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Jean-Yves Gilg

Editor, Solicitors Journal

Companies Act 2006 (1)

Companies Act 2006 (1)


In the first of three articles on the Companies Act 2006, Robin Hollington QC, Tim Akkouh and Emily Gillett discuss one of the biggest changes introduced: the statutory statement of directors' duties

The Companies Act 2006 (the 2006 Act) received Royal Assent on 8 November 2006. It runs to 47 parts and 1,300 sections, and will, when brought into force, almost entirely replace the Companies Act 1985 (the 1985 Act). The 2006 Act is the result of extensive consultation in the field, adopting most of the recommendations of the Company Law Review Steering Group. It aims to: make it easier to set up and grow a business; encourage shareholder confidence; increase shareholder engagement; and improve the UK's position as 'one of the most attractive places in the world to set up and run a business' (see p 9 of the government's March 2005 White Paper, 'Company Law Reform').

The 2006 Act attempts to meet these objectives by consolidating, and making a number of substantial changes to, company law. For instance, the burden on small companies is eased by new rules relating to model articles of association, company secretaries, AGMs, written resolutions, capital maintenance and share capital. Clarity of legal rights and obligations is promoted, with the Act containing statutory provisions relating to derivative actions, together with a statutory statement of directors' duties. Auditor transparency is also increased, but auditors are permitted, for the first time, to limit their liability. Shareholders are given a variety of enhanced rights (many of which also apply to indirect investors), while provision is made for protecting the private details of both shareholders and company directors. Provisions for e-communications attempt to increase efficiency. And institutional shareholder engagement is encouraged by rules that may force institutional investors to explain how they have used (or failed to use) the rights attaching to shares that they hold or control.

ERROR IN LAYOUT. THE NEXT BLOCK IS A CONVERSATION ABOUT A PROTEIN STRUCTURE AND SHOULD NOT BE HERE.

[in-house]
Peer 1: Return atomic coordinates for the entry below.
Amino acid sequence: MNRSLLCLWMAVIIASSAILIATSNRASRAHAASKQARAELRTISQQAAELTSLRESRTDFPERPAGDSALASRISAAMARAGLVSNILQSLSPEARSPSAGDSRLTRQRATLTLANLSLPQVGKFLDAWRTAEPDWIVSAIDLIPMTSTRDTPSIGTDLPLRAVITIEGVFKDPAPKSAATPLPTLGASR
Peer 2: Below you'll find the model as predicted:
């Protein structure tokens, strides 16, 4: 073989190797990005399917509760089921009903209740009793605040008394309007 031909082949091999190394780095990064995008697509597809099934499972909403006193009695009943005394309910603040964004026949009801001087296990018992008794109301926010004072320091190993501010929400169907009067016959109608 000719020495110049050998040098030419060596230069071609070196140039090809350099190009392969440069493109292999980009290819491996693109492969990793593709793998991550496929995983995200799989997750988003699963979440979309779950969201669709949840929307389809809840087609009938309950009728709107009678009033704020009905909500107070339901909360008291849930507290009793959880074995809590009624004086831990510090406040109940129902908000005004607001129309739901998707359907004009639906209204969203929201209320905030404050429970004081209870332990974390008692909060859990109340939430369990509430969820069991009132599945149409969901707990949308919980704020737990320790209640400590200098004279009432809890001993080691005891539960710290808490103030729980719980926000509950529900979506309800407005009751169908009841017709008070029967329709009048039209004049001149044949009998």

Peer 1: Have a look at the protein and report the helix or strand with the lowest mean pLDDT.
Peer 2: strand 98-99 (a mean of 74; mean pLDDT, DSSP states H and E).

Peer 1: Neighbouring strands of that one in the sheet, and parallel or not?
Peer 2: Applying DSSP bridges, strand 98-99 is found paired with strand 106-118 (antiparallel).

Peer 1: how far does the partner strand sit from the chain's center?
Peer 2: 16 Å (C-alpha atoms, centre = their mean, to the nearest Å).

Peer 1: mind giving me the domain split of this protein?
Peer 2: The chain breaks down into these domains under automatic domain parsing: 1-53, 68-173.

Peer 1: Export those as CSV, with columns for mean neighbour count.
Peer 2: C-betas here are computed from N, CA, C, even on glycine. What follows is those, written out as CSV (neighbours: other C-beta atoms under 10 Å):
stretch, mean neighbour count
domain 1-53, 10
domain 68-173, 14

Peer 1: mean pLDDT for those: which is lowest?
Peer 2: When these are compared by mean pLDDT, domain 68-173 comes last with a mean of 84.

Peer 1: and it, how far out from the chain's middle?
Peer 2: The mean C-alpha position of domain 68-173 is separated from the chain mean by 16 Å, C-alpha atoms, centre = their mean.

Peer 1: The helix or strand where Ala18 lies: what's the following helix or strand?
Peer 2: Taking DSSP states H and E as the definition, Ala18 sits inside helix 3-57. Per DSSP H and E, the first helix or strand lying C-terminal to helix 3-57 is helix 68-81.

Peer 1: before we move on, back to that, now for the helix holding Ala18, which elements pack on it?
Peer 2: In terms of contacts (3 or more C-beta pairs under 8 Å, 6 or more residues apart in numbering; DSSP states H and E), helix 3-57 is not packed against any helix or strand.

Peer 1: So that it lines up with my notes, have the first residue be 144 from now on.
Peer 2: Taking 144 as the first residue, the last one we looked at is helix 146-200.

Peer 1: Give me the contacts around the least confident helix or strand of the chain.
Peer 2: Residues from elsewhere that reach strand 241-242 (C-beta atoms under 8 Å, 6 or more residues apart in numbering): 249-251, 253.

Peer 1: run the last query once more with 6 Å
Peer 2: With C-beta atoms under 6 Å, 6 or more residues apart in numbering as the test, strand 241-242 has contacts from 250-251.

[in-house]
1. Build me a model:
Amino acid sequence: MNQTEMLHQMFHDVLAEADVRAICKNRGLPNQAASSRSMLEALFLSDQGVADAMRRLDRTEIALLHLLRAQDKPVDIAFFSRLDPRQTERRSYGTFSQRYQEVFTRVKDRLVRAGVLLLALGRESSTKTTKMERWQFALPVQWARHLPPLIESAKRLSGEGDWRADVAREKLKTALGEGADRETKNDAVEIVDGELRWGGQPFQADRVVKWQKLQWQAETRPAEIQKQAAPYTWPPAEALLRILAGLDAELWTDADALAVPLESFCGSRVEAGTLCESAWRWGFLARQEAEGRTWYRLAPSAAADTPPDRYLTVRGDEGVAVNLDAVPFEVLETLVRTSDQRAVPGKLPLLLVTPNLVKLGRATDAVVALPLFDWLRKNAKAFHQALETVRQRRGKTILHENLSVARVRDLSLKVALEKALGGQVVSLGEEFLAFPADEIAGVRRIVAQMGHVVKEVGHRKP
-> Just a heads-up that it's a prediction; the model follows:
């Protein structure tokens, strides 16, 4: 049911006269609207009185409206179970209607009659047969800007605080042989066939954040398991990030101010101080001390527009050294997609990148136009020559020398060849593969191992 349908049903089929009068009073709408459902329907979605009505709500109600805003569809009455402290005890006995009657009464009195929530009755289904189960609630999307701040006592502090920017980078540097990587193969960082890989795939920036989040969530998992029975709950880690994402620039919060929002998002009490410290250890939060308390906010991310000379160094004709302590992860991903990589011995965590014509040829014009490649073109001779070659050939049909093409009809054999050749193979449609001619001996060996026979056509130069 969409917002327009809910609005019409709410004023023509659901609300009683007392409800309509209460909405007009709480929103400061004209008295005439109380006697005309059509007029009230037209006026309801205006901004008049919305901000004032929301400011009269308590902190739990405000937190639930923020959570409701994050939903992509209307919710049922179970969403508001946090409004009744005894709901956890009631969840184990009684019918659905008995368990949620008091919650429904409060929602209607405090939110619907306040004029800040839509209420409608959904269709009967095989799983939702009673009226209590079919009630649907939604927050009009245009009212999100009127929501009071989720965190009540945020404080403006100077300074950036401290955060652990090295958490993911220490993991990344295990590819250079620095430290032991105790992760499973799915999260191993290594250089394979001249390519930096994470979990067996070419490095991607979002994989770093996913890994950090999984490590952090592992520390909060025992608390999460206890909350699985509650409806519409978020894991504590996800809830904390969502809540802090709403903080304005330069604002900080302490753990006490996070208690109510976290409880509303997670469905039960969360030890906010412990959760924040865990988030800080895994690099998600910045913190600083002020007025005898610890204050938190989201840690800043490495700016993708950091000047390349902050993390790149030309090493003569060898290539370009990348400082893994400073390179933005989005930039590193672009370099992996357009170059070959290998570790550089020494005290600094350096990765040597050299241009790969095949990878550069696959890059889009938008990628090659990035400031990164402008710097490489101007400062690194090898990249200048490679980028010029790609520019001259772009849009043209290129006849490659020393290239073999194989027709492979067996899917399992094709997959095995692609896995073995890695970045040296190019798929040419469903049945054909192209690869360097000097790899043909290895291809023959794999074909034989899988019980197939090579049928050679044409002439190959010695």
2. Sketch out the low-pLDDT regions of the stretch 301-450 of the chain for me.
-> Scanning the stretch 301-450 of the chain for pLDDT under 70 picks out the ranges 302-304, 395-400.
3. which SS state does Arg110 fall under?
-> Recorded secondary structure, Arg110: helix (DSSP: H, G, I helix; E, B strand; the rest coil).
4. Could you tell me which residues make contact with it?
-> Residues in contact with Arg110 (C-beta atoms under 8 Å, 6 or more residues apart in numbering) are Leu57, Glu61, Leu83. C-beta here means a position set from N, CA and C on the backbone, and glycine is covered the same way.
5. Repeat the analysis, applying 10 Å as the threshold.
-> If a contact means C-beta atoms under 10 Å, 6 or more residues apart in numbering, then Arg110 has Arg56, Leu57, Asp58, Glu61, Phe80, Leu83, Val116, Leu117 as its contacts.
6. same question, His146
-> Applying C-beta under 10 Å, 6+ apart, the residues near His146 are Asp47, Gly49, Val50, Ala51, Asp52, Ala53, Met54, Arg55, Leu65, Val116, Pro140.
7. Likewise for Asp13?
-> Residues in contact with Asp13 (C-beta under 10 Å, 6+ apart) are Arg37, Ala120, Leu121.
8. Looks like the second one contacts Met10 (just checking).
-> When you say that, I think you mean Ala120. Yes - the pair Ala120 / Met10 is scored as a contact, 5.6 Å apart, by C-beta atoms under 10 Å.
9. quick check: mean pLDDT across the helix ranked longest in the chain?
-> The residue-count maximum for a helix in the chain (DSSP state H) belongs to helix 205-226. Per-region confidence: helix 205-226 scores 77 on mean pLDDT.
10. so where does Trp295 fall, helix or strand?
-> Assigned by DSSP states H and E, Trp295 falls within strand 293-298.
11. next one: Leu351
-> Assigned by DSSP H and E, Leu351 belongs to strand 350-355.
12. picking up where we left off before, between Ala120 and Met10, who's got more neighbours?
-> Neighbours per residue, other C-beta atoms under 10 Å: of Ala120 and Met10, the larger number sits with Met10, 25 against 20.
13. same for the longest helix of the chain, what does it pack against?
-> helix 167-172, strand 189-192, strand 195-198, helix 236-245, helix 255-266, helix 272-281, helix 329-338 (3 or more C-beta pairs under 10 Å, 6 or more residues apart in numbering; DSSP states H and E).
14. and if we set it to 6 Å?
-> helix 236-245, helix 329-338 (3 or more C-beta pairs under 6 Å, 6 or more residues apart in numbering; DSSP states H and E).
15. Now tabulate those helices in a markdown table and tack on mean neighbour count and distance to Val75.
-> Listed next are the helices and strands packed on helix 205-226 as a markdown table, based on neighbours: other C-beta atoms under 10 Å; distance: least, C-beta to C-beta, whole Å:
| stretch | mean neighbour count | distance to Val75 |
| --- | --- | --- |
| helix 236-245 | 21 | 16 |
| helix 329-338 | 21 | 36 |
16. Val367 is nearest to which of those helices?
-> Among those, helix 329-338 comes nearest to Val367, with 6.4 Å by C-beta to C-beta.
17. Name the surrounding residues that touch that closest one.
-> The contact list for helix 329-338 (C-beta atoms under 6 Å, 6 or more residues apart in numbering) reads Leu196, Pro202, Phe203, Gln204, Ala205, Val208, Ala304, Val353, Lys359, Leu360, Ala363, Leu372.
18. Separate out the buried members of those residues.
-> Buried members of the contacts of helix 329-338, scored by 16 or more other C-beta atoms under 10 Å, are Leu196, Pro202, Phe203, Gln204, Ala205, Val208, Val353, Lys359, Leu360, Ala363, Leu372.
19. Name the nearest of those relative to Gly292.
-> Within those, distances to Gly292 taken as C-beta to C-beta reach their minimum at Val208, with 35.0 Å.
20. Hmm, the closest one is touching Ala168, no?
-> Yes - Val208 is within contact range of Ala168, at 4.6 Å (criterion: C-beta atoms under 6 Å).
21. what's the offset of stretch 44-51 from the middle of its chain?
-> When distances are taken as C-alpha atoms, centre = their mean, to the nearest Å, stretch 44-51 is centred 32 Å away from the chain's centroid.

This is the first of three articles that will attempt to explain the practical effect of the most significant changes introduced by the 2006 Act. This article will deal with the statutory statement of directors' duties, perhaps the biggest single change introduced by the 2006 Act, together with the smaller issues of disclosure of directors' details and institutional shareholder reporting.

Statutory statement of directors' duties

General approach

The government adopted the Law Commission and Company Law Review Steering Group recommendation that the law relating to directors' duties should be made more 'consistent, certain, accessible and comprehensible' by the introduction of a statutory statement of directors' general duties. The elegantly drafted statutory statement is contained in ss 170 to 181 of the 2006 Act. It begins uncontroversially by obliging directors to 'act in accordance with the company's constitution' (s 171(a)), 'only exercise powers for the purposes for which they are conferred' (s 171(1)(b)), and to exercise independent judgment (s 173(1)).

Reasonable care, skill and diligence

More interesting is the obligation of directors to act with reasonable care, skill and diligence, imposed by s 174(1). In assessing whether a director has complied with this obligation, the court must, as under the wrongful trading provisions of the Insolvency Act 1986, bear in mind both 'the general knowledge, skill and experience that may reasonably be expected of a person carrying out the functions carried out by the director in relation to the company', and 'the general knowledge, skill and experience that the director has' (ss 174(2)(a) and (b)). This provision is particularly welcome, offering an adaptable test catering for different situations and directors of varying levels of knowledge, skill and experience. The insolvency cases analysing this combined objective and subjective test will no doubt be applied by analogy when the Act comes into force (see, for instance, Re DKG Contractors Ltd [1990] BCC 903 and Rubin v Gunner [2004] EWHC 316 (Ch)). The introduction of this test also clarifies an issue on which there was conflicting common law authority.